When You Live by a River

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My poems do not try to be forms of self-expression. Rather, at their best, they arrive from an intense and compressed engagement with the world. They come with their own voice, but then it can take hours, days, weeks or years to find the particular form—each word, each image, each line—the poem wants.

One word
—one stone
in a cold river.
One more stone—
I’ll need many stones
if I’m going to get over.
Olav Hauge
(tr. by Robert Bly)

It is hard in our culture to keep the muse of poetry fed, because much of the world has been deadened, reduced to what is inert, measurable, controllable. But by this small gesture of attending to what is alive in the poem, we can hear the inner-ness of the world, let what is out there speak. As Stanley Kunitz said: “I dream of an art so transparent that you can look through and see the world.”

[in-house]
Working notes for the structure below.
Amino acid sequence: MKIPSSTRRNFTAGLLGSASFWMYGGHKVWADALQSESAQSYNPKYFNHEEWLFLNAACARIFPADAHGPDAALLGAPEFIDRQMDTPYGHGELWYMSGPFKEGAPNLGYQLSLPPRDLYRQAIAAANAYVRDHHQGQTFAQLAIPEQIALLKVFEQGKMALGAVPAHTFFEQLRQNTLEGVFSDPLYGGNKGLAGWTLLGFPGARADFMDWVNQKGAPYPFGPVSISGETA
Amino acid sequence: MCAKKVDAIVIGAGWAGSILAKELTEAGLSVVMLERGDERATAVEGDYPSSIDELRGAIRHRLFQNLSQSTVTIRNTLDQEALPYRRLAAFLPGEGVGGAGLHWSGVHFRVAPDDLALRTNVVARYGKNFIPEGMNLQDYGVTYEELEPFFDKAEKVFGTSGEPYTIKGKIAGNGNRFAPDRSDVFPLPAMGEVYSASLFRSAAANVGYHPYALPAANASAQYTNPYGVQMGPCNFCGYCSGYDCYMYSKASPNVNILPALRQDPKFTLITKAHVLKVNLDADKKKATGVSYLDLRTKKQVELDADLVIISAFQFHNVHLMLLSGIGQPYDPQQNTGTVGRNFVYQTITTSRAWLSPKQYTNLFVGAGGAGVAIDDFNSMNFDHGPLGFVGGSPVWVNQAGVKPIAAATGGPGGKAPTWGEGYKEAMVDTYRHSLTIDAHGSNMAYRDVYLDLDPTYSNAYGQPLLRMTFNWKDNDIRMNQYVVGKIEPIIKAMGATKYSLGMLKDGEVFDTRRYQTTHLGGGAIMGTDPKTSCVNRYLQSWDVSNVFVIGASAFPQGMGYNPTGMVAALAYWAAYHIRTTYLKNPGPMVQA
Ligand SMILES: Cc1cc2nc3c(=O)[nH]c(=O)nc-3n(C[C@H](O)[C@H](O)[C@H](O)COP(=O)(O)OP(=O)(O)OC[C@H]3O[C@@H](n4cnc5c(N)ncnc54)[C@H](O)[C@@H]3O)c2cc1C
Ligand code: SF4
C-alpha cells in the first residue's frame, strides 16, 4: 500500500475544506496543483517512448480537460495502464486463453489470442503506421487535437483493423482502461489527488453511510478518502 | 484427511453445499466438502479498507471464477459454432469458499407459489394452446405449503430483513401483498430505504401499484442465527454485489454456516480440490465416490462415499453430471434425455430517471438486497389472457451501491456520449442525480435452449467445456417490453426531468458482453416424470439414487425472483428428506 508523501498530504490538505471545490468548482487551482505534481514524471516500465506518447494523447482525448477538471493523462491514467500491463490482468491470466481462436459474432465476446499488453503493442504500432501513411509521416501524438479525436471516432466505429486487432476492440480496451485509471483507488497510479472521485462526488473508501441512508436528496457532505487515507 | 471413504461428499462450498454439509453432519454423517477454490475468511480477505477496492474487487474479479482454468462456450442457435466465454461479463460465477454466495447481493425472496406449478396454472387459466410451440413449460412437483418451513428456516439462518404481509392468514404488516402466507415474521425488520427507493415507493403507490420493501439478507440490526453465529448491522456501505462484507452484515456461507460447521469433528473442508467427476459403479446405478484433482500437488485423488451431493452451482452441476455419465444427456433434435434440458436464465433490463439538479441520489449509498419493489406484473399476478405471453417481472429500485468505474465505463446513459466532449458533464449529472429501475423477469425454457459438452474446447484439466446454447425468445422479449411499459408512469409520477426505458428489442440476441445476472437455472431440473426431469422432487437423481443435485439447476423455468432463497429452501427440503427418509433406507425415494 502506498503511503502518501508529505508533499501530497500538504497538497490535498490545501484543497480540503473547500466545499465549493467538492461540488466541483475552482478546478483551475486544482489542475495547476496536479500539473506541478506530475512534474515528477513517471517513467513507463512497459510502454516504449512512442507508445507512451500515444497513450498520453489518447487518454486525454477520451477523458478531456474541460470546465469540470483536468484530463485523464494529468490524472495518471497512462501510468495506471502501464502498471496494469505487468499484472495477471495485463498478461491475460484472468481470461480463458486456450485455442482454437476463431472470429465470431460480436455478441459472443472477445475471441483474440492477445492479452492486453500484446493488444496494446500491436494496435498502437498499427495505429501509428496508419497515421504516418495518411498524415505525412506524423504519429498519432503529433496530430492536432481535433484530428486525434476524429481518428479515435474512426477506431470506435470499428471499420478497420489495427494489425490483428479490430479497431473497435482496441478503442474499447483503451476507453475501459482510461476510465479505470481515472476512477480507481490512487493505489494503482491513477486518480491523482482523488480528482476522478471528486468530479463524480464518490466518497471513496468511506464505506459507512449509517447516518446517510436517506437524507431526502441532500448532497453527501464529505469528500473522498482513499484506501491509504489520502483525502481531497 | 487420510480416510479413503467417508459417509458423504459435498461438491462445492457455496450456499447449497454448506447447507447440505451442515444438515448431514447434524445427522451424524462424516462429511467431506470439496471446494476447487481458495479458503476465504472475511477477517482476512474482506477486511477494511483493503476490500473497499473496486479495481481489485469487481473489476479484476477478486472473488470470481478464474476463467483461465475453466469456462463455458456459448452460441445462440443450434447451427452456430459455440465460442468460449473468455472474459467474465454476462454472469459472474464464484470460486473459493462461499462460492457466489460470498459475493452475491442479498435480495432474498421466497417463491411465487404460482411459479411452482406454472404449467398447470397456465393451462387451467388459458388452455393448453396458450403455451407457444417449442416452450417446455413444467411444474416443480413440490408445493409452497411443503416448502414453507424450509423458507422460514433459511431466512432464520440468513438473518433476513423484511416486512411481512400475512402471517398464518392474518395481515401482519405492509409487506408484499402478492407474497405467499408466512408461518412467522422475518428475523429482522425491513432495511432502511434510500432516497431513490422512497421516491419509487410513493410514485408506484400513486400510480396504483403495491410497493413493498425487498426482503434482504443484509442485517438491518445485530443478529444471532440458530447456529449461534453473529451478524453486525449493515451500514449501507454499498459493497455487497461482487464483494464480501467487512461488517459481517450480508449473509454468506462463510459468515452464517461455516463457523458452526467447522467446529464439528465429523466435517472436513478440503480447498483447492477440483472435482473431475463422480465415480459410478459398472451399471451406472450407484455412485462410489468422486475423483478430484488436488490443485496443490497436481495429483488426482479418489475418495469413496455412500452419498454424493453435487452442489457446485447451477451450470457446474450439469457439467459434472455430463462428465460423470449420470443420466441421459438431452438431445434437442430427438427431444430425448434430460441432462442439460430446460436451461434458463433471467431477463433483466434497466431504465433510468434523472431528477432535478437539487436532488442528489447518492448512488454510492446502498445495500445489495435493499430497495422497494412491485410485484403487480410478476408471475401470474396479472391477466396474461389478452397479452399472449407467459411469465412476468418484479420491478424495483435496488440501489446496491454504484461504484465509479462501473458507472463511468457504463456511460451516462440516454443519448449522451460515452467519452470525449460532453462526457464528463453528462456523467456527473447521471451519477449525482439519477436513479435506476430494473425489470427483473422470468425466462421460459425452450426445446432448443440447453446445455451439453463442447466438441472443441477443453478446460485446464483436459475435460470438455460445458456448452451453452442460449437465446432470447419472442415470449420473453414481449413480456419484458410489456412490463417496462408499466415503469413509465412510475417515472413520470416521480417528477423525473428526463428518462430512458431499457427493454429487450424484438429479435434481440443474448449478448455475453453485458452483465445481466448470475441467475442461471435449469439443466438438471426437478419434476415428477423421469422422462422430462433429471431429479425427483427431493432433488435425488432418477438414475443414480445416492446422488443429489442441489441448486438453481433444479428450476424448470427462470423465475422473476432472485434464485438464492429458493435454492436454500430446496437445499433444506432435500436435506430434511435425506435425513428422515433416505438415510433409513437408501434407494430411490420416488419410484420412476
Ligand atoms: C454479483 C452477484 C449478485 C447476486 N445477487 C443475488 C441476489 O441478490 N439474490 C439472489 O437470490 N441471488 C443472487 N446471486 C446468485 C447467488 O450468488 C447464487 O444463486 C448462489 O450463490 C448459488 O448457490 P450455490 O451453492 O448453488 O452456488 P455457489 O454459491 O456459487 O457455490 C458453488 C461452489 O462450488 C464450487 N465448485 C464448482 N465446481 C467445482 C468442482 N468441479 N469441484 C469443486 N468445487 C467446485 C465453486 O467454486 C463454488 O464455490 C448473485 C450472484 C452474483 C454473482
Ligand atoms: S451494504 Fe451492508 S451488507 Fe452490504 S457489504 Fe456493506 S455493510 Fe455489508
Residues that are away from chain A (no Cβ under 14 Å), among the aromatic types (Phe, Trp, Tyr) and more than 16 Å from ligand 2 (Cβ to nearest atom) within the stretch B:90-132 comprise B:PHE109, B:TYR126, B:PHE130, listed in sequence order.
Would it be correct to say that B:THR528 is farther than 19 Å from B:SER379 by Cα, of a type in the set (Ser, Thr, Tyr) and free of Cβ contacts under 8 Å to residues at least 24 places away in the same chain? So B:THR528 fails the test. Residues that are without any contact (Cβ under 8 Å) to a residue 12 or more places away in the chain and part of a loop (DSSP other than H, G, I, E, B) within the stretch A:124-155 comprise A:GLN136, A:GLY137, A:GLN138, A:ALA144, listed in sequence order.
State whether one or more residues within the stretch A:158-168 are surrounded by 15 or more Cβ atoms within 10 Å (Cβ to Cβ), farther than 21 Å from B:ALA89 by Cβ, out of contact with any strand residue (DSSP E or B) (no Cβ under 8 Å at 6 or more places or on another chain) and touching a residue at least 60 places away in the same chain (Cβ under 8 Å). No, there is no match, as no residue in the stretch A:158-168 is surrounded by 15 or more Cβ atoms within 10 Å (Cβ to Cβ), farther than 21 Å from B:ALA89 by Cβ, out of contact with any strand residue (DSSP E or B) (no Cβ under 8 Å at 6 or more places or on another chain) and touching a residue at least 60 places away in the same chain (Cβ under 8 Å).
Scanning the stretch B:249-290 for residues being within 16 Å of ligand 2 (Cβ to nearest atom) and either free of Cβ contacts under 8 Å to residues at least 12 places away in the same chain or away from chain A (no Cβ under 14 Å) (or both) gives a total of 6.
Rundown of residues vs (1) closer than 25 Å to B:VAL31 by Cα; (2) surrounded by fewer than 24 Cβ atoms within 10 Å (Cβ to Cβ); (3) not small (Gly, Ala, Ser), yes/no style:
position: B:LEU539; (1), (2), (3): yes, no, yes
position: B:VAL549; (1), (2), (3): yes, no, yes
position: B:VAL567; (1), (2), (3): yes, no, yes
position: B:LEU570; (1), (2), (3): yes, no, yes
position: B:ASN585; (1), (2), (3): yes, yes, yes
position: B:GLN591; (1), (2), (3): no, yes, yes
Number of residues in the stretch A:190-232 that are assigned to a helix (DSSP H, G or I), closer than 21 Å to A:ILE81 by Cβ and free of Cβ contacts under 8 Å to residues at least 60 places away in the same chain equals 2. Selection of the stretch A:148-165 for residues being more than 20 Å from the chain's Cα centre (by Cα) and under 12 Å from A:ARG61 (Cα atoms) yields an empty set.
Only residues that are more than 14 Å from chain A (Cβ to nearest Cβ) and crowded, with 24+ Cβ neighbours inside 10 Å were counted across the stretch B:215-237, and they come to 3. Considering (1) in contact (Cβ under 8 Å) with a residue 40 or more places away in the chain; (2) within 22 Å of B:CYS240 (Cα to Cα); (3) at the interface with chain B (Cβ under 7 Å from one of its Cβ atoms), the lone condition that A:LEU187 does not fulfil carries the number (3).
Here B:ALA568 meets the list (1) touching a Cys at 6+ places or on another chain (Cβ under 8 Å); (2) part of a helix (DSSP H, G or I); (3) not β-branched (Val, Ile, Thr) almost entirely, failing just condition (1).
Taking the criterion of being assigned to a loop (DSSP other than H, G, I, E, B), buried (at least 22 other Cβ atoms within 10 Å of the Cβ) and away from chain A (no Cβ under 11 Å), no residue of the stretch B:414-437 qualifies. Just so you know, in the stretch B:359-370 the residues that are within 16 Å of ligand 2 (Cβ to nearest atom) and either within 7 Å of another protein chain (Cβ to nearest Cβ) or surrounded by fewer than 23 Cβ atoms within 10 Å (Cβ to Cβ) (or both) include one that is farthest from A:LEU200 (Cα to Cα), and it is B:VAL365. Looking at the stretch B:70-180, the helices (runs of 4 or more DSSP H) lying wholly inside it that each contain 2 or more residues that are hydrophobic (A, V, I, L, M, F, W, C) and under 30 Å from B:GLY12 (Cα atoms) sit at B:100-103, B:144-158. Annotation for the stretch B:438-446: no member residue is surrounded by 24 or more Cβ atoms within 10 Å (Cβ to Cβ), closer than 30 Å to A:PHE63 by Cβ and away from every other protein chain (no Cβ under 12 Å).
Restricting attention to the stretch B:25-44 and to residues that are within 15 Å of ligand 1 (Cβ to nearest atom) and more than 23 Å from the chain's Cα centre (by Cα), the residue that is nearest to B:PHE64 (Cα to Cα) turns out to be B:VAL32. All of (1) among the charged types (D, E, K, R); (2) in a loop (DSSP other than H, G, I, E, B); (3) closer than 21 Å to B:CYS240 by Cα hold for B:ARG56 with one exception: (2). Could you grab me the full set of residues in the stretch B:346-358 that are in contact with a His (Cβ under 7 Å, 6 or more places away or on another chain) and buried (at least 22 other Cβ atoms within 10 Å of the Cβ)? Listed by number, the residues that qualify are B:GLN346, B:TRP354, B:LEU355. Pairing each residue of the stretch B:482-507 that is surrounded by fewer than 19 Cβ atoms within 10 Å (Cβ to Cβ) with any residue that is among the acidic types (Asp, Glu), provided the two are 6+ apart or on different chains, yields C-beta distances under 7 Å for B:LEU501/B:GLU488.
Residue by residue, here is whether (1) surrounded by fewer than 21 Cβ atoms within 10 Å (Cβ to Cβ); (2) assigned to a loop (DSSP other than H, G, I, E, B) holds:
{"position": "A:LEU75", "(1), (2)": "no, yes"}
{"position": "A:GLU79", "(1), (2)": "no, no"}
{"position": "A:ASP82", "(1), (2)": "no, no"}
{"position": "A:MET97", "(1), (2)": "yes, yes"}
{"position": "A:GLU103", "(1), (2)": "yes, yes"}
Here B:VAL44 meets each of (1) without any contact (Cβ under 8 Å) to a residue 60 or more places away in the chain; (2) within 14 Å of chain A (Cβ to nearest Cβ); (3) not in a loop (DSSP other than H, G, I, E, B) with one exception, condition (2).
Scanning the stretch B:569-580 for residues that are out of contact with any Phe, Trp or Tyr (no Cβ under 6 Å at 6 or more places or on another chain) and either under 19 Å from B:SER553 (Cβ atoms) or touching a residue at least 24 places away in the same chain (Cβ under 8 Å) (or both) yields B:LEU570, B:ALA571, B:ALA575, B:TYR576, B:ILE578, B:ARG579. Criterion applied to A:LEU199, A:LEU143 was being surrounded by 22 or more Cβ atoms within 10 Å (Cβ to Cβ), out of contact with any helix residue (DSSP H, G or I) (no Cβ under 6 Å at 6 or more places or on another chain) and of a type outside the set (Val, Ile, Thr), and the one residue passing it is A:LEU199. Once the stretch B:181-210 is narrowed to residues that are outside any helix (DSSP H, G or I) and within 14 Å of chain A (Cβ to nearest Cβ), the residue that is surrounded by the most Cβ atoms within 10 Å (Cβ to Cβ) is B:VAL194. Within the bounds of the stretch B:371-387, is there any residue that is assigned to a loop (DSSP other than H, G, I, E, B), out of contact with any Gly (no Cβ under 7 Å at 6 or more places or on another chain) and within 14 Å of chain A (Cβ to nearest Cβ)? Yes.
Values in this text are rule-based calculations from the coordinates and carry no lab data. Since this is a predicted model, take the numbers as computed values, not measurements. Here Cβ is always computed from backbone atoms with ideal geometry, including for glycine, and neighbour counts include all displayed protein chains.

When writing, a moment reveals itself as three-dimensional, a room we can enter, look around, smell, taste, touch, feel and think. We often hurry through a day so that moment of arrest is a rare and lucky thing. Hopefully, a reader feels the same pause, the world before her plumped up and saturated from this humble but rigorous form of love.




My Mother’s Rosary

Paterson Literary Review – Issue 44, 2016.

My Mother Does Not Look Back

Paterson Literary Review – Issue 44, 2016.

My Mother Controlled the Weather

Paterson Literary Review – Issue 44, 2016.


One of Narrative’s Top 5 Poems of the Week
for 2010-2011; finalist in Narrative’s Second Annual Poetry Contest.

Learning to Eat the Body

Paterson Literary Review – Issue 44, 2016.

The Woman who Happened to be my Mother

Paterson Literary Review – Issue 44, 2016.

how do we bury the dead

Finalist in Narrative’s First Annual Poetry Contest.

The Man on the Backhoe

Heliotrope, 2004.


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